The 2018 Ford F-150 doesn’t look like much we haven’t seen recently from this hot-selling pickup.
For 2018, some updates have been applied to give it some tweaks, optimizations, new tech, and a mild cosmetic update, inside and out.
But my tester’s big news was under the hood, thanks to the recent arrival of the most fuel-efficient engine in the F-150 lineup.
Now available is the answer for shoppers after big-truck capability without big-truck fuel bills: a three-litre turbodiesel Powerstroke V6.
This makes six powerplant choices in total for F-150 shoppers to consider. The sole diesel engine on offer, this new Powerstroke mill serves up 250 horsepower, 440 lb.-ft. of torque, and bests the fuel economy and hauling figures of machines like the last-generation Ram 1500 EcoDiesel in the process.
It’s also F-150’s thriftiest engine by a landslide, and its second most potent, where torque output is concerned.
With a 10-speed automatic and towing capability surpassing 11,000 pounds, this little Powerstroke V6 may make lots of sense for the F-150 shopper after confident towing capability, with (dramatically) reduced fuel bills.
The 3.5 litre EcoBoost V6 has more horsepower and torque and costs less, but it uses more fuel, and will likely suffer a higher consumption penalty when towing or hauling.
The gist? The new-for-2018 F-150 Powerstroke is everything we’ve come to know about the latest F-150, but with a significant economy advantage.
Maintained in full are core F-150 attributes: the latest truck is enormous, comfortable, and high tech on board, though a little overwhelming with all the buttons and screens and the very busy instrument cluster.
Outward visibility is excellent by pickup standards, an around-view 360-degree camera system is on offer if you disagree, and the rear seating quarters in my SuperCrew tester were massive, comfy for two or three large adults without issue.
Up front, the central command system is one of the best and most responsive on the scene once learned.
On smooth surfaces, the ride feels dense, durable and comfortable, though the steering was too vague and uncommunicative for my taste at highway speed. It can, at times, feel laborious to keep this big wide hauler centred between the lines. Also, note that the suspension in this off-road oriented FX-4 tester can get busy and jarring on rougher roads, in exchange for how solid it feels over rougher terrain.
How’s the diesel? It’s a little hard to say, because this engine is the strong, silent type. Usually, you don’t even know the engine is there, let alone that it’s a diesel.
A year or so ago, I reported that the Land Rover Discovery Diesel had about the smoothest and quietest engine I’d ever encountered, and that engine shares plenty with Ford’s new Powerstroke.
This powerplant is born of a joint venture, and though Ford’s made some significant changes (including a truck-specific engine block), the two engines are remarkably similar. Here’s a pickup with a diesel engine that wouldn’t feel out place in a $90,000 luxury SUV.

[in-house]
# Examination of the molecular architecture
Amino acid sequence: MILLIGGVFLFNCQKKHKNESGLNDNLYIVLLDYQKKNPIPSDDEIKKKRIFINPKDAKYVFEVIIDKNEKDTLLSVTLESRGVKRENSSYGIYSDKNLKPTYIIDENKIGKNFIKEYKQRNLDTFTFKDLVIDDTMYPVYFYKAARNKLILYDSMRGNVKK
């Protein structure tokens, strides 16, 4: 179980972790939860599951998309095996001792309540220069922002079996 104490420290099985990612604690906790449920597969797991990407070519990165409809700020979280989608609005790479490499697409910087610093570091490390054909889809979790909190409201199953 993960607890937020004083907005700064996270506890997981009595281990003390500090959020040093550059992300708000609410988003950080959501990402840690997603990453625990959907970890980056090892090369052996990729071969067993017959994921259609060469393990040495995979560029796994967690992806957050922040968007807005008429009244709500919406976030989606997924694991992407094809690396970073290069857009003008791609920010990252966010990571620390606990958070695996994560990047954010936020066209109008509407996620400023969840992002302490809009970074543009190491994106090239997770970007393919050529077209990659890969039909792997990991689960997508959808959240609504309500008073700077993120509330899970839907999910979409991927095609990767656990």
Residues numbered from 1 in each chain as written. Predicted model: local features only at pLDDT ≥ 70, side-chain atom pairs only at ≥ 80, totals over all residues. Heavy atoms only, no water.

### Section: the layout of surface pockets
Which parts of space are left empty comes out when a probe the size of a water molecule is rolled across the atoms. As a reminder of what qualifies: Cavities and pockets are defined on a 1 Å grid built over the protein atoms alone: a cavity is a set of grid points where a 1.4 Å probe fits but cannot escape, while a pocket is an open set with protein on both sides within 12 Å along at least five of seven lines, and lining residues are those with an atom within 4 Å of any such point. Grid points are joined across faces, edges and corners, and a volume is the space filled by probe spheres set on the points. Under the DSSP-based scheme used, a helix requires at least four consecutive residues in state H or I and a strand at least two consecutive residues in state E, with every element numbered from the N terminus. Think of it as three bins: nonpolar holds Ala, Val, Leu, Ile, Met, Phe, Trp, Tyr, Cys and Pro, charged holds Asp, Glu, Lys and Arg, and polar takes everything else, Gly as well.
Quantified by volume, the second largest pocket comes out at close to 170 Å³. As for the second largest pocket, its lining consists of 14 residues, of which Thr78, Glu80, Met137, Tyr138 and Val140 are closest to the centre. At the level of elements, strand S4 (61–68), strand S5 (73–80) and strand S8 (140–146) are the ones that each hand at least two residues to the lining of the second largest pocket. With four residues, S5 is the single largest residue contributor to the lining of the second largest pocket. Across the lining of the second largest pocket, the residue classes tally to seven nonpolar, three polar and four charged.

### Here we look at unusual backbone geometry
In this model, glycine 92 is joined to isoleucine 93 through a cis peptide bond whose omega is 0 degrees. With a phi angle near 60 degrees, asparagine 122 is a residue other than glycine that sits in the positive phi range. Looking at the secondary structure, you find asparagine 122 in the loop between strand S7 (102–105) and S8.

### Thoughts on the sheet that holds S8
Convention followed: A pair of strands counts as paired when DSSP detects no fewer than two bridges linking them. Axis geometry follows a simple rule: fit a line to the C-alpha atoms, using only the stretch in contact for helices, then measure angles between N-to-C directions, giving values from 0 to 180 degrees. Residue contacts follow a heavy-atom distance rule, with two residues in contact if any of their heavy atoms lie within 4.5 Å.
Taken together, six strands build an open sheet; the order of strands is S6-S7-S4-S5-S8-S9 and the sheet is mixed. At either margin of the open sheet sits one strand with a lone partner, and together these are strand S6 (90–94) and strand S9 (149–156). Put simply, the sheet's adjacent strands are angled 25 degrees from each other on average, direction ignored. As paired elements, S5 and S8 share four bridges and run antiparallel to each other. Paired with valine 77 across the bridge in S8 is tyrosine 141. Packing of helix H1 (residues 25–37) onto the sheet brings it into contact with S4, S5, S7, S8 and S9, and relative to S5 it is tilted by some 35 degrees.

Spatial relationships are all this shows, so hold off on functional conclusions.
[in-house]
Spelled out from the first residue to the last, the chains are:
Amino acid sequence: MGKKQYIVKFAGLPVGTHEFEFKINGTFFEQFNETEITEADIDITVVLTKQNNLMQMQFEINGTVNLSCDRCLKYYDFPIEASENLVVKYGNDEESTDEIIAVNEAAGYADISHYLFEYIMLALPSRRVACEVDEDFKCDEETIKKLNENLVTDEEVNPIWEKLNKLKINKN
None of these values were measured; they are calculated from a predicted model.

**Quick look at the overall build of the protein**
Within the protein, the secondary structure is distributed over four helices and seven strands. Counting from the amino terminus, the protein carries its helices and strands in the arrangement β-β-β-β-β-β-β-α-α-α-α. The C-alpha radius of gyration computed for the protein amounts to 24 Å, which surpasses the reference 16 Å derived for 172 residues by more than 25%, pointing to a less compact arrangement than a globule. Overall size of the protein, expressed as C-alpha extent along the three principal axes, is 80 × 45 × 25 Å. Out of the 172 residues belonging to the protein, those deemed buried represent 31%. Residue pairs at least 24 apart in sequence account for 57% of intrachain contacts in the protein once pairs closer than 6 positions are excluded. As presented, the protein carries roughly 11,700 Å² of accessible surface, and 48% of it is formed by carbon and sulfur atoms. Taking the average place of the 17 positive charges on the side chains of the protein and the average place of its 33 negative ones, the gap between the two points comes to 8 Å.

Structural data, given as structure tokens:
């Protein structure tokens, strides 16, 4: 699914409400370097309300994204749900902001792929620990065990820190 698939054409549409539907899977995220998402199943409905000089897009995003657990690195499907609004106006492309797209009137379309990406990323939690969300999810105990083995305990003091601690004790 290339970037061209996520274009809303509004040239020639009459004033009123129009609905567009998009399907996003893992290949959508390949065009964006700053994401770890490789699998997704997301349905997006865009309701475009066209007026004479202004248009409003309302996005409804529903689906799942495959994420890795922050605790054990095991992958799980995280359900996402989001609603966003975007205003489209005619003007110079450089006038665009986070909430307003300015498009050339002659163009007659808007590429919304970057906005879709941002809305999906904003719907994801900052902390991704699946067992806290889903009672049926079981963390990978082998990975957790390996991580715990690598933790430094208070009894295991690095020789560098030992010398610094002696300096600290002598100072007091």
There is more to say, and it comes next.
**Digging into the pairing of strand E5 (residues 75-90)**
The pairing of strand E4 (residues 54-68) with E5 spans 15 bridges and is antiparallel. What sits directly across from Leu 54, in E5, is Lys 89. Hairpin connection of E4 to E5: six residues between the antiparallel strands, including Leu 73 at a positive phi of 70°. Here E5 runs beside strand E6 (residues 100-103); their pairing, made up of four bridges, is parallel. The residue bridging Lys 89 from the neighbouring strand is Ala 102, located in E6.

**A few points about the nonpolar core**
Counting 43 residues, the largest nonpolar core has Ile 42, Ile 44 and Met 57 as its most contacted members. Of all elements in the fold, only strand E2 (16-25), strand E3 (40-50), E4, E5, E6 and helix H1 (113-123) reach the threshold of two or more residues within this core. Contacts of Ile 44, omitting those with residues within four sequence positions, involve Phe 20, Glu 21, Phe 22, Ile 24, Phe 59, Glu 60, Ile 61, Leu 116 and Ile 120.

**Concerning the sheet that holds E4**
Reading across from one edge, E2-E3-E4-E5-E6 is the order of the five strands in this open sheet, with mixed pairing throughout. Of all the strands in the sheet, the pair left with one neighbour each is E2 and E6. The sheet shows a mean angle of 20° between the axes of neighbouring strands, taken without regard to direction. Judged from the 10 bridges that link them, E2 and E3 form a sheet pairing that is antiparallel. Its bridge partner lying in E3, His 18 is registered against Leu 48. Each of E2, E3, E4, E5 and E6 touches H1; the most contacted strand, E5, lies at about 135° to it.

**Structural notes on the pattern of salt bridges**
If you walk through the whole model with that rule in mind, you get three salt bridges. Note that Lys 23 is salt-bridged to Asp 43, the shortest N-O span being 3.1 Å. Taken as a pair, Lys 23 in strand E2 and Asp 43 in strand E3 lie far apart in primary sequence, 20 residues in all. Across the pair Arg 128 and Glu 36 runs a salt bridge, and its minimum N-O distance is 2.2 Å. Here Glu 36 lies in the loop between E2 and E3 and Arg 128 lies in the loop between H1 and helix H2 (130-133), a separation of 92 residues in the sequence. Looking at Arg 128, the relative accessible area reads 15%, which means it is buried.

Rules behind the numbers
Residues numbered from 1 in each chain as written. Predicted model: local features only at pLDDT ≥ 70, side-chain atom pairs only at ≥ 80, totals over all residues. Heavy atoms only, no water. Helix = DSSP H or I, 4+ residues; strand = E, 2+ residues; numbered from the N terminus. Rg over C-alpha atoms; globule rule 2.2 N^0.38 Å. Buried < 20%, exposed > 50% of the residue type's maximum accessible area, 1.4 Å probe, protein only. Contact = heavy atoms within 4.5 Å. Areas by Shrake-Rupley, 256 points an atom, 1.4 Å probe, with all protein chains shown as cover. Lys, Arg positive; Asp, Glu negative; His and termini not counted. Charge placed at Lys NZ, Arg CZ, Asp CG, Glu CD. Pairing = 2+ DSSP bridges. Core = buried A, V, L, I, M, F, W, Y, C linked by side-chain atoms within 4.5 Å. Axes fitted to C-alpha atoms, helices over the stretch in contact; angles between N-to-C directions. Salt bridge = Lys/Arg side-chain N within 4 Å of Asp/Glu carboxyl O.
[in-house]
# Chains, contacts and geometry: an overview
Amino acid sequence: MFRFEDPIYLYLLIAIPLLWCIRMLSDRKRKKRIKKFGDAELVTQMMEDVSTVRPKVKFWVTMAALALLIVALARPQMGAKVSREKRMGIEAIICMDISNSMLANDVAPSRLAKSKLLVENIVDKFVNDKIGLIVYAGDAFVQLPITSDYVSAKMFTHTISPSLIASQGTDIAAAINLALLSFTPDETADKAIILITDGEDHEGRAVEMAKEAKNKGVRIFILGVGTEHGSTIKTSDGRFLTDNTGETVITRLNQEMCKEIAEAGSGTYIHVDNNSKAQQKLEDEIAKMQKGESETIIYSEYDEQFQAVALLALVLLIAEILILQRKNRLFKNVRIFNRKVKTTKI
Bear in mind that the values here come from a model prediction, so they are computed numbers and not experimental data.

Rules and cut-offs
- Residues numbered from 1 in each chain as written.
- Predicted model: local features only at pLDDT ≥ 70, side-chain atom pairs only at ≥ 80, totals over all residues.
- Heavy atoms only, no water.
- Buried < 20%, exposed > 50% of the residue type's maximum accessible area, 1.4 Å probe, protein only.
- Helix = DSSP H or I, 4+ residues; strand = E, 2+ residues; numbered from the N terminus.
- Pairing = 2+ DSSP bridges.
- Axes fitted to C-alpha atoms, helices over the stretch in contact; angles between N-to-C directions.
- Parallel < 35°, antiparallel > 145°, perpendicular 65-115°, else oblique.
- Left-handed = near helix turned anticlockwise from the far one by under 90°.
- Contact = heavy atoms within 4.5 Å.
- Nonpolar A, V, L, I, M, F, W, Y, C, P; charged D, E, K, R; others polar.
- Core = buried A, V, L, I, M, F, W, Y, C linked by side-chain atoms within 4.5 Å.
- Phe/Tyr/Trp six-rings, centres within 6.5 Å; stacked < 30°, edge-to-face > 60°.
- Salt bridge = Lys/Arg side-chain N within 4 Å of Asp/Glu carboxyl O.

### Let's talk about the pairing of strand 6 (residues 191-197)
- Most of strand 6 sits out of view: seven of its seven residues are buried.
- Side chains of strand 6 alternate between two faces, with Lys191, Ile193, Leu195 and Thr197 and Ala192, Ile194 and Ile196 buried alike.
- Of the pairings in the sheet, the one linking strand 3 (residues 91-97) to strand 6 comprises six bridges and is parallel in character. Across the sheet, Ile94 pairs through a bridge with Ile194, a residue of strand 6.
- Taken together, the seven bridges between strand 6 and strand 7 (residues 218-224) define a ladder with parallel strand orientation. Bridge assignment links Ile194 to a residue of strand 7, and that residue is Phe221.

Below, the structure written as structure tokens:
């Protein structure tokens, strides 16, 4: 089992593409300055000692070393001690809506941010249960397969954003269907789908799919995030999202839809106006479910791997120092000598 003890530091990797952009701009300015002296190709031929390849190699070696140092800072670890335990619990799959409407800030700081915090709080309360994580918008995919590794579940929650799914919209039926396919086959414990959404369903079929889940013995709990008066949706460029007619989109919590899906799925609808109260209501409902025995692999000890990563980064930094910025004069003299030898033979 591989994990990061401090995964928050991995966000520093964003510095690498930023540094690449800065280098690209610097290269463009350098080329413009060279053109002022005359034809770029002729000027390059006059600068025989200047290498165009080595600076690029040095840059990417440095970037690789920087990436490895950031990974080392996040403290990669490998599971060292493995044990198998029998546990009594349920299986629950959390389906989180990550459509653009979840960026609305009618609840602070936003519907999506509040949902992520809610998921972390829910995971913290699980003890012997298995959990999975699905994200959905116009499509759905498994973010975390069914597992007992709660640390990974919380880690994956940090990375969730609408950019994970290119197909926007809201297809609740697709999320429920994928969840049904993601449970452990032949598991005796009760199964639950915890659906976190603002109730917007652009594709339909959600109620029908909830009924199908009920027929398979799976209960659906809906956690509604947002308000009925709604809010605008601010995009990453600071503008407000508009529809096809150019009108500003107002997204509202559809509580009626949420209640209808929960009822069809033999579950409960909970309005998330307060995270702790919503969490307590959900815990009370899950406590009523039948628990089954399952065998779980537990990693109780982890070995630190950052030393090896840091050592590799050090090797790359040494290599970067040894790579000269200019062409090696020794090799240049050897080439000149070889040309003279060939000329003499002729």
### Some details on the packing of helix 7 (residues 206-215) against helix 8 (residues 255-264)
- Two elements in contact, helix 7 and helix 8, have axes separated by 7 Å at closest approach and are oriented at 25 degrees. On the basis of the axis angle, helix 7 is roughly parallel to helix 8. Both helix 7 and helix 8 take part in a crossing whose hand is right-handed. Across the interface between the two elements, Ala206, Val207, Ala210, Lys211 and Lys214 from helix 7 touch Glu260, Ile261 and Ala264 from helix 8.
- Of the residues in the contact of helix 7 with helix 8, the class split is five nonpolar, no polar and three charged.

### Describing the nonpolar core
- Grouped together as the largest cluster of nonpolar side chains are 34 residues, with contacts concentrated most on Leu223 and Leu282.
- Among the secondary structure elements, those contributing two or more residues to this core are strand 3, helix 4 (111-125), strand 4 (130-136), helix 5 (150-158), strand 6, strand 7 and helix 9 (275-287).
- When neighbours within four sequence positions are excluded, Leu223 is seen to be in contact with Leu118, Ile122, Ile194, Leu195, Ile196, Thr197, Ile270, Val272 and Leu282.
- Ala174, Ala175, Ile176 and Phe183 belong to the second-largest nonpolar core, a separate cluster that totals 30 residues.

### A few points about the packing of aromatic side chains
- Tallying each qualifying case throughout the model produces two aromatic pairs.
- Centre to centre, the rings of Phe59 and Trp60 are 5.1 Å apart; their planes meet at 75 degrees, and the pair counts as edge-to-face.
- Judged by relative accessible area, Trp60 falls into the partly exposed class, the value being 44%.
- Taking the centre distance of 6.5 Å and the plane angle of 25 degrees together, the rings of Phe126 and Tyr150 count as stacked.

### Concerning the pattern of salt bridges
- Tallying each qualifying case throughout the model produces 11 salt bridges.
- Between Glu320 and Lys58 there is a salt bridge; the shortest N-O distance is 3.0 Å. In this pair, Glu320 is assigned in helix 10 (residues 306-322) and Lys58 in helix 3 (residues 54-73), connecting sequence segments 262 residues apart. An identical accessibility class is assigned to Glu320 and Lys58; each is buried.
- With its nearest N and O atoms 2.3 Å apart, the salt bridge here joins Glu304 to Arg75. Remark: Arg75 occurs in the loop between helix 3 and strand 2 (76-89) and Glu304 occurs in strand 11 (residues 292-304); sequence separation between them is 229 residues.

Press the ignition, and it fires up immediately. No waiting for glow plugs. Then, just a little squirm through the body, a nearly-noiseless starter, and a quiet, lightly-rumbling idle with so little vibration that you hardly notice a thing. No smoke. No smell. If you haven’t driven a modern diesel, be sure to give this a try: things have come an awful long way in recent years.
Drive gently, and the 10-speed automatic enables early, frequent upshifting, keeping the revs noise and vibration to near-nil levels. Most remarkable is how little revs, noise and fuel are needed to just cruise around through regular city traffic.
Highway cruising sees the tachometer point toward about 1,500 revs. Push the engine harder, and you’re met with a robust surge of thrust in quick order, and little more than a muted roar from under the hood.
At virtually no time does the sound, vibration or smell of this powerplant give its fuel source away. It may even be the smoothest and quietest F-150 powerplant you can order today, a good thing, given it’s $5,700 price tag in my specific tester.
The gas-powered EcoBoost V6 makes more torque and horsepower, and costs less. With the Powerstroke, you’re saving about $5 every 100 kilometres you drive. And with my tester’s massive fuel tank, you can do a full day’s highway cruising without stopping to refuel, no problem.
By the numbers, this Powerstroke engine might start to put money back in your pocket somewhere around 115,000 kilometres, but do the math to see if it’s right for you.
On my test drive, with plenty of highway driving but no towing, I achieved 10.8 / 100km. That’s big-truck capability using less fuel than a Honda Ridgeline.
In fact, in my custody, the Toyota RAV4 used fuel at about the same rate.
If the Powerstroke is right for you, you’ll be happily at the controls of one of the industry’s best diesel engines yet, in one of the industry’s most sought-after pickups.
The specs: 2018 Ford F-150 Powerstroke
- Engine: 3-litre V6, turbodiesel, 250 horsepower
- Drivetrain: 4x4
- Transmission: 10-speed automatic
- Features: B&O Play Stereo, panoramic sunroof, climate-controlled seats, power side steps, remote tailgate release, 360-degree parking camera, power-folding mirrors, exterior LED work lighting, tailgate step system, memory massage seats, Ford Sync
- What’s hot: easy on fuel, immensely roomy, comfortable highway drive, tremendous highway cruising range, loaded with features
- What’s not: sometimes daunting central command interface, vague steering at speed
- Price as tested (F-150 Platinum 4x4 Powerstroke): $84,779